-Which are your most formative experiences and how do you translate them in rhetoric of success at work?
My most formative experiences have been those that at first, seemed like distant possibilities. I seldom take no for an answer and if something is supposed to be competitive or hard to attain, I am usually even more motivated to try my best and apply. This philosophy has served me well. This isn’t to say I haven’t been rejected from opportunities I’ve applied for but rather, that my relentless determination to try has allowed me to be open to and have some phenomenal experiences. At work, I’ve used this habit to keep constantly trying in the face of difficulty as a means to truly appreciate my privileges in life. Additionally, learning from one’s peers and mentors is one of the best forms of education. So, in addition to working at an organisation whose purpose you truly believe in, it is equally important to work under and with individuals who are equally motivated if not more in making an impact.
– What book/books have you given the most as a gift?
I can’t say I’ve given any one book as a gift but with regards to my own reading choices, I enjoyed the Harry Potter series growing up.  I am presently reading (and thoroughly enjoying!) Invisible Cities by Italo Calvino, a gift from a dear Italian friend of mine. I am also a big fan of F. Scott Fitzgerald’s The Great Gatsby, Kerouac’s Satori in Paris, Frances Hodgson Burnett’s A Little Princess and finally, Interventions: A Life in War and Peace by Kofi Annan, a global leader I have always looked up to.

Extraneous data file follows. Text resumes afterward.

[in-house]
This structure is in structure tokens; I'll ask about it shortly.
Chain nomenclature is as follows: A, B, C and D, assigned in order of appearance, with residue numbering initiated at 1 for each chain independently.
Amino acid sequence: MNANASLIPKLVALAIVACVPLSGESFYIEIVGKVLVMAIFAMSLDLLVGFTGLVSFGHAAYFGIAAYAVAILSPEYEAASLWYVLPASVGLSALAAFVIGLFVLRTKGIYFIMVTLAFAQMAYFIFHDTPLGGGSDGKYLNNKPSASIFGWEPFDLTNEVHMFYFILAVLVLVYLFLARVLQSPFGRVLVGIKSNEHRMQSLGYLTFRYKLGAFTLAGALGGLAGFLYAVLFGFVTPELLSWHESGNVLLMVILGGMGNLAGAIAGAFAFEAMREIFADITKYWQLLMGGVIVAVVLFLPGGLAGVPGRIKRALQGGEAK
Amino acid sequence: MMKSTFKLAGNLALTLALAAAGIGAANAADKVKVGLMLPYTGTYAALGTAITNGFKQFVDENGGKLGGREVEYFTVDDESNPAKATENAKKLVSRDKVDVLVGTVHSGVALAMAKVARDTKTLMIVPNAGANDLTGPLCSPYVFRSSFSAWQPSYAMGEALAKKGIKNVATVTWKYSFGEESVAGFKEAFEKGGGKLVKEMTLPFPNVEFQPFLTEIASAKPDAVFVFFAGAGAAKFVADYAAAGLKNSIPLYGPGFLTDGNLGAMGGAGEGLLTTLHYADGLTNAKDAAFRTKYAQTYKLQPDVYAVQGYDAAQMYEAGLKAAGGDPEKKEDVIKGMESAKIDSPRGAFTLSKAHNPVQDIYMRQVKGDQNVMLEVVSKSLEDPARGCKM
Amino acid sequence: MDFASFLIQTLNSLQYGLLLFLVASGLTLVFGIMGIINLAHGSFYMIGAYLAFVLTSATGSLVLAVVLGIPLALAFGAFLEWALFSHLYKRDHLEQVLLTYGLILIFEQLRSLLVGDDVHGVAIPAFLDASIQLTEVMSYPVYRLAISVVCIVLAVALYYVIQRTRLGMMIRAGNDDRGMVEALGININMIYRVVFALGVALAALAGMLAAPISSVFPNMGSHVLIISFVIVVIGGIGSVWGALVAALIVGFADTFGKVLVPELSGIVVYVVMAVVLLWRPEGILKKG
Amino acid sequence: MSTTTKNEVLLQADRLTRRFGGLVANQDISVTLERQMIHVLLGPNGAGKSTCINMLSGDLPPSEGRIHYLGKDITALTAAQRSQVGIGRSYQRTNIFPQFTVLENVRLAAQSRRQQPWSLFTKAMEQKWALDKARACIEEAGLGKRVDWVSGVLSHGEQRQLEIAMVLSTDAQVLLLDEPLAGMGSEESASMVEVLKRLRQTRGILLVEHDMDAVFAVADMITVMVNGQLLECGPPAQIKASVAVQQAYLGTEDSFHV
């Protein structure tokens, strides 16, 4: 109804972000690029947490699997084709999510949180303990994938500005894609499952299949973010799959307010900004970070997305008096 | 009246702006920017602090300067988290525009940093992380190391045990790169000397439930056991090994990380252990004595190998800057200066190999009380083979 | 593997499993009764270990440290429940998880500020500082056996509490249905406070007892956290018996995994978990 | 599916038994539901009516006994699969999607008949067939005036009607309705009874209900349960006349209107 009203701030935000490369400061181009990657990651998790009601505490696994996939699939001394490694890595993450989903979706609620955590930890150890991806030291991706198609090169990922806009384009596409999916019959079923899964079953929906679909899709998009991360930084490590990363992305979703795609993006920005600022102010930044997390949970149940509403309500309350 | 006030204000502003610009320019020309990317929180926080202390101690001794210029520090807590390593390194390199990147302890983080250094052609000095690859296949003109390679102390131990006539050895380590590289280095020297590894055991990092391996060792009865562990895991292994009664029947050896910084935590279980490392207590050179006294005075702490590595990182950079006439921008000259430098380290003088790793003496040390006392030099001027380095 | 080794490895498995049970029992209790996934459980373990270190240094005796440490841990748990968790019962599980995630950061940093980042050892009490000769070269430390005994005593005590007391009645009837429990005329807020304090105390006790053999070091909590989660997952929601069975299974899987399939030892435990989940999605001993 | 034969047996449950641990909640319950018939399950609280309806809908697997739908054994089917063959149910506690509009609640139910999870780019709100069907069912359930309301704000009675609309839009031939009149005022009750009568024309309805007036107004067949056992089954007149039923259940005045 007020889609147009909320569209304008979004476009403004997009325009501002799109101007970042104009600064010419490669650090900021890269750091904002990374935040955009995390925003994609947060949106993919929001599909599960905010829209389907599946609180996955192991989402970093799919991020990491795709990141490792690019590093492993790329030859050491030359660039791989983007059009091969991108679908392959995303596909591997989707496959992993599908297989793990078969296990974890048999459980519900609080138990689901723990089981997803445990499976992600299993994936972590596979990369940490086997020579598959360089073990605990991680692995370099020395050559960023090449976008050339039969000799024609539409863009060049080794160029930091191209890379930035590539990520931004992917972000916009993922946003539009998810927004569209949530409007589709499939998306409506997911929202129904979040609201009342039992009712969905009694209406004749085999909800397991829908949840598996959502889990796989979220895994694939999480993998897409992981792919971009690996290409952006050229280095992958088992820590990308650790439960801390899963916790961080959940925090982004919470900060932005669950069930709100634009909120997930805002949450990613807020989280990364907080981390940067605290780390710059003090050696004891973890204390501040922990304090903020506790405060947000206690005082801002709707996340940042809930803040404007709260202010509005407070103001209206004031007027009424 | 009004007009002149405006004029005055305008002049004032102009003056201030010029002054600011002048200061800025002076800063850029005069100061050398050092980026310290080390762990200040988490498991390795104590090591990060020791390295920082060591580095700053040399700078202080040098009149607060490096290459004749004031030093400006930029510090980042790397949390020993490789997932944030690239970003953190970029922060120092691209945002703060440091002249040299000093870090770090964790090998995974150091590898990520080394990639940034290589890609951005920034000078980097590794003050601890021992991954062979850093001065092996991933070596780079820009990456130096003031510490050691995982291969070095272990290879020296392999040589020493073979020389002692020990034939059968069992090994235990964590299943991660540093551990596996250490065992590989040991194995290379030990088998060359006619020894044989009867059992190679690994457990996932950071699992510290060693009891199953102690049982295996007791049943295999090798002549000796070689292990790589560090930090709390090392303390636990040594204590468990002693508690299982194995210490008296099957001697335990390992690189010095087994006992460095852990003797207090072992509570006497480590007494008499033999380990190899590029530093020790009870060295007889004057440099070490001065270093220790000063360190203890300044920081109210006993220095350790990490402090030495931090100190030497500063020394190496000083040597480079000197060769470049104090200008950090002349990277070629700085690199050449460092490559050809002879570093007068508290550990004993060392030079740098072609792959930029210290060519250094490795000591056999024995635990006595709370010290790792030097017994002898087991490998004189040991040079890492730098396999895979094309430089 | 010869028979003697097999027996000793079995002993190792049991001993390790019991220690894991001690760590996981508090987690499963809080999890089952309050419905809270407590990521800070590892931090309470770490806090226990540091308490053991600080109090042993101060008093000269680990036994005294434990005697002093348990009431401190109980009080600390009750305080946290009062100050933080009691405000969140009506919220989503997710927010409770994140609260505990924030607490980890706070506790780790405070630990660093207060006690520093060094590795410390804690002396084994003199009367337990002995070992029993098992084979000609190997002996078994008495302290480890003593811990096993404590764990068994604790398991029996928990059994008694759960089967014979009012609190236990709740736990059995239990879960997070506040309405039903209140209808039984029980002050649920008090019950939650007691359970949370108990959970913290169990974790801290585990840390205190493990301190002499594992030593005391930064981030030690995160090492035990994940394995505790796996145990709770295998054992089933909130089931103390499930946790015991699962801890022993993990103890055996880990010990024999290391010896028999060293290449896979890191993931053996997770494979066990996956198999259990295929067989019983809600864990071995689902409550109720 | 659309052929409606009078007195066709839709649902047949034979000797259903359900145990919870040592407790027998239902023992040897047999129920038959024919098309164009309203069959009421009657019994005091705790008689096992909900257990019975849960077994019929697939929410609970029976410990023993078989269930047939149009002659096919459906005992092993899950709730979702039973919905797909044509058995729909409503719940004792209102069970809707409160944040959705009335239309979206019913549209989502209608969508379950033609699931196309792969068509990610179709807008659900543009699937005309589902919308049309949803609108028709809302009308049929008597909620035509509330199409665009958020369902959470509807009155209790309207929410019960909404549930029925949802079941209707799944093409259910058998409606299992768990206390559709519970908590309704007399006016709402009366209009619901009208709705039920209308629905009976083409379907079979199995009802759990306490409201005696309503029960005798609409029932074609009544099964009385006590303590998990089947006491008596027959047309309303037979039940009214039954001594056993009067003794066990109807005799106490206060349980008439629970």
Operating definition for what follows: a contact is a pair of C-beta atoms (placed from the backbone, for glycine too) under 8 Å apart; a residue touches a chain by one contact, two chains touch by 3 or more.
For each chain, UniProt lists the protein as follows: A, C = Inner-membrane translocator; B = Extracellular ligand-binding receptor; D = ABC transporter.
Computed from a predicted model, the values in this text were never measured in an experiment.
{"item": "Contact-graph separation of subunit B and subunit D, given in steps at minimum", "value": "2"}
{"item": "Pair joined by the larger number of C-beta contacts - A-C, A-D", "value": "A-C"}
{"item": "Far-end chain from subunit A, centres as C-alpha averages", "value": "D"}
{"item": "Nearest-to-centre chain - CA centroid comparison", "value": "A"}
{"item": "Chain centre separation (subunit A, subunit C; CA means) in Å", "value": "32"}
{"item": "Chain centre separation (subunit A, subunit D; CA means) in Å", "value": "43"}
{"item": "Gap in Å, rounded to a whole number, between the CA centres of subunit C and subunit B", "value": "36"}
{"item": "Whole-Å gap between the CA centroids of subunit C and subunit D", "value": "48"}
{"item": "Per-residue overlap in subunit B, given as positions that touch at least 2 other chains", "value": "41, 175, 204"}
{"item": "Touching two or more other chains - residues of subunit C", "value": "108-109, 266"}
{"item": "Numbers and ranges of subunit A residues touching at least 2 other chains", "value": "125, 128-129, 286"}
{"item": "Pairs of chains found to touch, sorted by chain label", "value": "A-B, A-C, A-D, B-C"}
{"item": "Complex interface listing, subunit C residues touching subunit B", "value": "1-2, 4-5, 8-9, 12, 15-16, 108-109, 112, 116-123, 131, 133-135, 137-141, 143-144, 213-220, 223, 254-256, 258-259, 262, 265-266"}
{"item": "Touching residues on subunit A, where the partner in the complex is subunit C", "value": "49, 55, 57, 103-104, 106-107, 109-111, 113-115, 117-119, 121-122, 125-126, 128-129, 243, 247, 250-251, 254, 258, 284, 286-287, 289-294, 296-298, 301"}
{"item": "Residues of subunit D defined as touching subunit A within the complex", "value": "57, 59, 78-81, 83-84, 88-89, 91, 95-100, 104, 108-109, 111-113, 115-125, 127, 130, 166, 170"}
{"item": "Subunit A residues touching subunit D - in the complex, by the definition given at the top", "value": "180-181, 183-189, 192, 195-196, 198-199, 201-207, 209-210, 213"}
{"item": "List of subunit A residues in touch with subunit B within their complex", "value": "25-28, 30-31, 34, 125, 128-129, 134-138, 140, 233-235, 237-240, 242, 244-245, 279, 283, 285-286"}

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Sharmishta Sivaramakrishnan is a Singaporean citizen and was raised across the Middle East, Europe, South and Southeast Asia. She likes to think of herself as “a citizen of worlds,” aptly phrased by Taiye Selasi and believes change to be the sole constant in her nomadic life. She is driven by new situations, people, and ideas. Additionally, she is the UN Youth Representative for Caring for Cambodia.
Her life aspirations are focused on contributing to global governance in any way she can. Mishti graduated a semester early in December 2015 from the George Washington University’s Elliott School of International Affairs with a double major in International Affairs and Economics and a minor in Sustainability. During her undergraduate career, she pursued numerous internships, volunteerships and professional experiences in the public, private, and NGO sectors. Some organisations she’s had the opportunity to work at include the Council of Foreign Relations, UN Women Singapore, the Center for Strategic and International Studies, Ashoka Changemakers, Deloitte Singapore among others. She will be entering graduate school in Geneva at the Graduate Institute for International and Development Studies (IHEID) this September 2016 to pursue a Master’s in Development Studies with a focus in International Economics and Sustainability. Mishti recently completed a four-month internship at the United Nations headquarters in New York at the Office of the Secretary General’s Envoy on Youth.
This summer, she is a short-term Marketing Manager at the Asian Development Bank in Manila, Philippines and is also volunteering her time for some freelance work for UNICEF. In her leisure time, she enjoys listening to retro (and really, all kinds of) music, perambulating through global cities, refining her photography skills, and watching (as well as re-watching) indie films.